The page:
“Always dream and shoot higher than you know you can do. Do not bother just to be better than your contemporaries or predecessors. Try to be better than yourself.”
― William Faulkner
Does perfectionism stop you from moving forwards?
I found an amazing story from the book Art & Fear that’s gonna change your thinking on this forever.
Finally, it cured my obsession with feeling I had to be ‘perfect’ the first time.
Here it is (paraphrased).
A ceramics teacher divided his class into two groups:
- The left side of the class would be graded on the quantity of pots produced
- The right side of the class would be graded on the quality of pots produced
When the time for grading came around…
The teacher revealed it was an experiment in perfectionism.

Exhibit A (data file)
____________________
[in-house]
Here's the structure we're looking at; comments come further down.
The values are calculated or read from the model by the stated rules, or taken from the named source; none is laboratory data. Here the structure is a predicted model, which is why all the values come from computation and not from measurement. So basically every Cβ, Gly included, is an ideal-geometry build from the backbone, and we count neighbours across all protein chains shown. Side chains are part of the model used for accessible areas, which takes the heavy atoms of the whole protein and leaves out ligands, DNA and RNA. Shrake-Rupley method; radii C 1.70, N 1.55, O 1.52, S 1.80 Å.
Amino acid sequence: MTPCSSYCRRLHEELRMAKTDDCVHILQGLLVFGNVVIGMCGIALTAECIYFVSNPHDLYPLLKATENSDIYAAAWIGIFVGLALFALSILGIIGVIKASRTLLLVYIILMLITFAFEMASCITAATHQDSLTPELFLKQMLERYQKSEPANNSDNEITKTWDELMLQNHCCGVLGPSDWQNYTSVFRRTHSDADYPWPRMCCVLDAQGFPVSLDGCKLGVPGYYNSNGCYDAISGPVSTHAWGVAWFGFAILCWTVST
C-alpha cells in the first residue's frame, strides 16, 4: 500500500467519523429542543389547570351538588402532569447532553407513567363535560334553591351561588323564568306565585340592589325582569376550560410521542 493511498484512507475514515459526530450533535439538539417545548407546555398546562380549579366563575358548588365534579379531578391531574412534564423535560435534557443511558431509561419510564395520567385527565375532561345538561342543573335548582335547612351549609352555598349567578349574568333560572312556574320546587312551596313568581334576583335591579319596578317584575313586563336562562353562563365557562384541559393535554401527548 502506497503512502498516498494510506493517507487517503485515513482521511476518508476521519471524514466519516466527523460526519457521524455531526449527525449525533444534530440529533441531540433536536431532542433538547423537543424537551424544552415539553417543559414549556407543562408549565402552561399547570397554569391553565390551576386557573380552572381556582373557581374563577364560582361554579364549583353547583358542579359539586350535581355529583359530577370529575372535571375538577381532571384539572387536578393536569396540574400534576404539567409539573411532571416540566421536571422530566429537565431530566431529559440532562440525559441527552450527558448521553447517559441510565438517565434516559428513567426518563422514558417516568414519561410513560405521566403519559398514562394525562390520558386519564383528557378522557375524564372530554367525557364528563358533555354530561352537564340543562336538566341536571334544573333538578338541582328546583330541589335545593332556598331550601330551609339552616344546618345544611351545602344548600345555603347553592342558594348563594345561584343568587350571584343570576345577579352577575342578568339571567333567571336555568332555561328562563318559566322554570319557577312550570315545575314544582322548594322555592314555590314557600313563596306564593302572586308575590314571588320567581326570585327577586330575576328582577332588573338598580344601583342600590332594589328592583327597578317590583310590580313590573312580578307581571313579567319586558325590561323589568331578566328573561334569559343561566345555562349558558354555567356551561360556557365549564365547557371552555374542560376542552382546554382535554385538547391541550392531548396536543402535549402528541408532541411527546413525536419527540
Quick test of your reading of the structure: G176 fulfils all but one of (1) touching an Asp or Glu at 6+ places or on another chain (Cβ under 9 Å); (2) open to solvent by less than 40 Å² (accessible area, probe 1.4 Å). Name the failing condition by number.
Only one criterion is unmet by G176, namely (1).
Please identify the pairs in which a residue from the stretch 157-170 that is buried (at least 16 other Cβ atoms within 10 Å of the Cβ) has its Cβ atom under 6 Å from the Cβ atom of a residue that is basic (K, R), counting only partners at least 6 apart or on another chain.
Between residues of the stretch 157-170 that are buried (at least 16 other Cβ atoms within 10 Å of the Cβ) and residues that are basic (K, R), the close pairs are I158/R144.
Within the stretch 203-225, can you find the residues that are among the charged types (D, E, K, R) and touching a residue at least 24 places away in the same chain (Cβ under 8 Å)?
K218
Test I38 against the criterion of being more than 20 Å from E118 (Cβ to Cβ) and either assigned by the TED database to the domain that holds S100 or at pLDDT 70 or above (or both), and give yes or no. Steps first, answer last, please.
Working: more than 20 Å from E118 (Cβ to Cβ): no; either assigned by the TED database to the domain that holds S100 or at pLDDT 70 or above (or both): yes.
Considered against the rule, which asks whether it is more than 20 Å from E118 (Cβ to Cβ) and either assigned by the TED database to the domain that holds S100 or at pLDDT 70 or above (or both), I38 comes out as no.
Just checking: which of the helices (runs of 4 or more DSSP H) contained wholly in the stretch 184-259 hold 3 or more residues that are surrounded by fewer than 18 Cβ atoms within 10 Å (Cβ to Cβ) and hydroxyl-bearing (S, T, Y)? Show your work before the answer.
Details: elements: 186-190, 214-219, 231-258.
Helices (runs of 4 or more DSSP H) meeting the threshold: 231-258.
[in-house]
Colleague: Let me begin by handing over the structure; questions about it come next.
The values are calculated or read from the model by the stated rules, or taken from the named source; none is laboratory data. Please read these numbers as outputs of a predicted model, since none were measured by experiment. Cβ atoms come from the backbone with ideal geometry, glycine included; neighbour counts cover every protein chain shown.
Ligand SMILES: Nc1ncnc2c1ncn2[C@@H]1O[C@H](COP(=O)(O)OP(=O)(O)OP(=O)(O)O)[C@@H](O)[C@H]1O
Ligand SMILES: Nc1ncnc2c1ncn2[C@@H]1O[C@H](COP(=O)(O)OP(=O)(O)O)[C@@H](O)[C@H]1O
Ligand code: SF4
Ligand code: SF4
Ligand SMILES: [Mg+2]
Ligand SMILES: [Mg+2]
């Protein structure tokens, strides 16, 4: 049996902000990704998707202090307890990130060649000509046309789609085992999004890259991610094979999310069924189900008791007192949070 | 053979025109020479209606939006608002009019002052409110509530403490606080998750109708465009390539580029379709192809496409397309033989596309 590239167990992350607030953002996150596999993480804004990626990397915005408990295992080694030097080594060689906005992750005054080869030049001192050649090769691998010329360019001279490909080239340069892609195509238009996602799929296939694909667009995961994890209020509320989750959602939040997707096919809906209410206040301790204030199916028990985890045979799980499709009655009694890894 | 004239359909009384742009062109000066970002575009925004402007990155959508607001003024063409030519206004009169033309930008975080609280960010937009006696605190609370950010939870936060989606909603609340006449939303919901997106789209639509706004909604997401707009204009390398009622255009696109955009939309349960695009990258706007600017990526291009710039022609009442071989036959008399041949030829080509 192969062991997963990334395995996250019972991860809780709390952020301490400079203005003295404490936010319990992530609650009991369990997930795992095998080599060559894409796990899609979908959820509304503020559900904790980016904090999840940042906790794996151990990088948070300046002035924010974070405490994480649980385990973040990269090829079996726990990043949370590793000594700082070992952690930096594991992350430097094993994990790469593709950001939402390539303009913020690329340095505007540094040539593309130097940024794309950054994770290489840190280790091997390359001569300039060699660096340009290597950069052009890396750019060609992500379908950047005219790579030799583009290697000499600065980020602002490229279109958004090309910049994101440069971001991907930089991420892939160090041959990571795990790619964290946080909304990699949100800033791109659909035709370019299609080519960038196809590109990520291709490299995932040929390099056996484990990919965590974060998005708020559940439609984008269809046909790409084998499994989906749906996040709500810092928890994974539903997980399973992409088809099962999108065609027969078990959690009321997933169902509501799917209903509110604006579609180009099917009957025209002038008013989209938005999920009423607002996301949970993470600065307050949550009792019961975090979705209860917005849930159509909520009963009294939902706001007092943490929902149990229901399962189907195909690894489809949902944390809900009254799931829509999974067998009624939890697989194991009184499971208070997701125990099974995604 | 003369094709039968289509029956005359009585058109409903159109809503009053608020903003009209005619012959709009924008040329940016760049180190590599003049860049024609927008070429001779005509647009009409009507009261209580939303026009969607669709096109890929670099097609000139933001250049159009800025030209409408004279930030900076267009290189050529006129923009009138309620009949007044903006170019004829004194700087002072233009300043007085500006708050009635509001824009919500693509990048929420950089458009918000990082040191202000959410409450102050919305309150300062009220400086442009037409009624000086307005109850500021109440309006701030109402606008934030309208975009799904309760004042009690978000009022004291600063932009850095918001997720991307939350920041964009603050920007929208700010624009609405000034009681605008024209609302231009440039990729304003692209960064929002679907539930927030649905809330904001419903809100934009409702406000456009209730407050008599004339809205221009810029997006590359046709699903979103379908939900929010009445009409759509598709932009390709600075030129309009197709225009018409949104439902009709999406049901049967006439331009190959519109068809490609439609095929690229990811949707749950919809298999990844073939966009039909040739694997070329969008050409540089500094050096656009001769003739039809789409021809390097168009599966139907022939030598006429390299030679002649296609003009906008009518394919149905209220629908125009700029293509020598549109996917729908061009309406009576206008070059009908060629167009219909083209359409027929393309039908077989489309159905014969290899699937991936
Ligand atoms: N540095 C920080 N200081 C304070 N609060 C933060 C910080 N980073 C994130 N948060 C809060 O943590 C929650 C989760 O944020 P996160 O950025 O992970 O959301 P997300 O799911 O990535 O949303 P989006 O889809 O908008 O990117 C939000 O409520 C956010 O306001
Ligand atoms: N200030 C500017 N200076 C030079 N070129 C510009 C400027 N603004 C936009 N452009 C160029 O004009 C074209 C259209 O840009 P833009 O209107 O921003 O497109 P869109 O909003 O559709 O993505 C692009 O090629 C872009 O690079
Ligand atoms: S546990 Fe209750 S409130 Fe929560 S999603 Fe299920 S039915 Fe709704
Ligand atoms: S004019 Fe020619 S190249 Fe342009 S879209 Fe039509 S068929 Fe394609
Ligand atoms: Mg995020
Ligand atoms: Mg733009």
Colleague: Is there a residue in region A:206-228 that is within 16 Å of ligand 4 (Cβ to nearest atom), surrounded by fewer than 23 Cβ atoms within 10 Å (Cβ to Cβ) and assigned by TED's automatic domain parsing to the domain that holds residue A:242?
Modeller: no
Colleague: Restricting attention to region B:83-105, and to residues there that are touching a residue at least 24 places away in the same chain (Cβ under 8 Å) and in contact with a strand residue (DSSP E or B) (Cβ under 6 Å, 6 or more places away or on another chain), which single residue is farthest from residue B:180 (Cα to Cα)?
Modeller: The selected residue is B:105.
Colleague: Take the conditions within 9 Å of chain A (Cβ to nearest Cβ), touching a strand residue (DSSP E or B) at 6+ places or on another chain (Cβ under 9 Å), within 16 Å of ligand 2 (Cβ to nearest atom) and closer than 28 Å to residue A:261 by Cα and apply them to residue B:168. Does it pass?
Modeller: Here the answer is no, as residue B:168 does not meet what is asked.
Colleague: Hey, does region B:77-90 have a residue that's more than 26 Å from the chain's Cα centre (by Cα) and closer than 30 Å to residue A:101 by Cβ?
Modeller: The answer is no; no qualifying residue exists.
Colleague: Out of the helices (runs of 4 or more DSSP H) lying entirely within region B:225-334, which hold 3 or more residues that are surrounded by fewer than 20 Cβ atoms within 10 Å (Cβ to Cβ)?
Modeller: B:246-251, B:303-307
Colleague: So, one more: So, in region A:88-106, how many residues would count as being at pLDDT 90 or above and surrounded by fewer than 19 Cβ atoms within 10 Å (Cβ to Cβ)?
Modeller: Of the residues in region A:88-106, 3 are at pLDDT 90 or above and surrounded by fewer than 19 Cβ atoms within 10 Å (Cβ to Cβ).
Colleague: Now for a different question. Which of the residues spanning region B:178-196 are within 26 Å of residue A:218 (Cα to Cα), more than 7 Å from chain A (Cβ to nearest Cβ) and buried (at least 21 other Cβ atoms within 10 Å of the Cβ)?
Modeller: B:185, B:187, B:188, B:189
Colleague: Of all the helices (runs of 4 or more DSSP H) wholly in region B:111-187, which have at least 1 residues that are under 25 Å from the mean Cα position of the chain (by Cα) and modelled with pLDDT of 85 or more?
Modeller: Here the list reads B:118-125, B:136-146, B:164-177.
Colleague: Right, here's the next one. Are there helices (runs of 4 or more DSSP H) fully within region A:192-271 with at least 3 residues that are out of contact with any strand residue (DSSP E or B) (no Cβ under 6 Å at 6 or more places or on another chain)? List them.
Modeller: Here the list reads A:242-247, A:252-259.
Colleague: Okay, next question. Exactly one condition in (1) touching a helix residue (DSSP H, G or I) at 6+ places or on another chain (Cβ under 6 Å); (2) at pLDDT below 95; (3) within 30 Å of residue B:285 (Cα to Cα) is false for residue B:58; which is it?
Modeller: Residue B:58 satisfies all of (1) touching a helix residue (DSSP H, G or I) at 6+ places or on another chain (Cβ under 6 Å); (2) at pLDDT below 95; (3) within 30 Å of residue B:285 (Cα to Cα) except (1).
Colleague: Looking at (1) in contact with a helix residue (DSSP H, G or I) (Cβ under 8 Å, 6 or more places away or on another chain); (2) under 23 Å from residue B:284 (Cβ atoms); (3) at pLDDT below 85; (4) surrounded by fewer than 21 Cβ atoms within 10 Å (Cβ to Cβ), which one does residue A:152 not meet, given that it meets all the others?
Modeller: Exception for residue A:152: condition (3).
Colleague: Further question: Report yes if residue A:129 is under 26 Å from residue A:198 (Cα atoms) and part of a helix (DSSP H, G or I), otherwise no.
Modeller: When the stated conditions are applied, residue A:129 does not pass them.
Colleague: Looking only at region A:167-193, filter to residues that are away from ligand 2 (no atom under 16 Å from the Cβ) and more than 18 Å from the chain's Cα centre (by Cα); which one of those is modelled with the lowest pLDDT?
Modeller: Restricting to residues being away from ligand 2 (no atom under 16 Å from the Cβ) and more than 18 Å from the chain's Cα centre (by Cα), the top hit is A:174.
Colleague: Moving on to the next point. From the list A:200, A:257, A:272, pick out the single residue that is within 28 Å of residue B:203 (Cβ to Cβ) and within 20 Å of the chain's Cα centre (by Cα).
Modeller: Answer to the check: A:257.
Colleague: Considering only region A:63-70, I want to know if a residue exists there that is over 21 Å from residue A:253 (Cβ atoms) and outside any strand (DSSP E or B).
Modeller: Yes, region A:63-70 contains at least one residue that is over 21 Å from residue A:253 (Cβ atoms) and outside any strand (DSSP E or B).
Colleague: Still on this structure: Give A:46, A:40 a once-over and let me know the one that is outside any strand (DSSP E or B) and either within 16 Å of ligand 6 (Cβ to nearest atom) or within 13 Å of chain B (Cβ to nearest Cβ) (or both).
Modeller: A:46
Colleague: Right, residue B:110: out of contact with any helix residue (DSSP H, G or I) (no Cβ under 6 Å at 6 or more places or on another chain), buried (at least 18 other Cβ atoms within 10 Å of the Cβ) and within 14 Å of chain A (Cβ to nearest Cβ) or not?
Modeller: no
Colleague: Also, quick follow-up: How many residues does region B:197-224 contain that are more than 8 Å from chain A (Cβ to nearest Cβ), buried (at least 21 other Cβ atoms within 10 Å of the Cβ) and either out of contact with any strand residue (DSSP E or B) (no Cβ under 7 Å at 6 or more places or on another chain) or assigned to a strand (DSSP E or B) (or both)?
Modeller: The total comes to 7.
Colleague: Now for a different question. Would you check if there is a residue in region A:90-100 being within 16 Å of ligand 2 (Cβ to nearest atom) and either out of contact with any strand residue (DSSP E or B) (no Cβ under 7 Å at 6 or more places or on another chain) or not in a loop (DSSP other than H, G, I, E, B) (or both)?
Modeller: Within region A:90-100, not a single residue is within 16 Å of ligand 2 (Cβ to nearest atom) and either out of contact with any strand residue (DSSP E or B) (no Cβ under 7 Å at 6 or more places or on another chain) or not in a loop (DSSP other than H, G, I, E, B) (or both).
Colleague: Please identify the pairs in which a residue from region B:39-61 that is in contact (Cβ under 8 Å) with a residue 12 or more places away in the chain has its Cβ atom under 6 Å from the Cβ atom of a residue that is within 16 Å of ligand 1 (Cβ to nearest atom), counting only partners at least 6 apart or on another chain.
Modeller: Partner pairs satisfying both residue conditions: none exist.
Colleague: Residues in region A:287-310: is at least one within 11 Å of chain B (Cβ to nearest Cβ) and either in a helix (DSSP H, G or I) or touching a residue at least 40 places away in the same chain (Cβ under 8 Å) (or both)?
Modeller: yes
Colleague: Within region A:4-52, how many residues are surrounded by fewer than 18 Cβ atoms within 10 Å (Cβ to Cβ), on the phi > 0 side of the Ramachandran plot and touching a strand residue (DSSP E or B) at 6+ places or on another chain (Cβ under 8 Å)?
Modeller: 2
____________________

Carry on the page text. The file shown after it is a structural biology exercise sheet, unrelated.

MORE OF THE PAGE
He told the class to look closer.
All the highest-quality pots had been produced by the ‘quantity’ group even though they’d made 30-40 awful ones in the process.
But the ‘quality’ group had made pots that were even worse.
Here’s how the writers David Bayles and Ted Orland conclude:
“It seems that while the ‘quantity’ group was busily churning out piles of work – and learning from their mistakes – the ‘quality’ group had sat theorizing about perfection, and in the end had little more to show for their efforts than grandiose theories and a pile of dead clay.”
If you want to produce ‘perfect’ work then you have to be producing flawed work.
Otherwise, how do you know where to improve?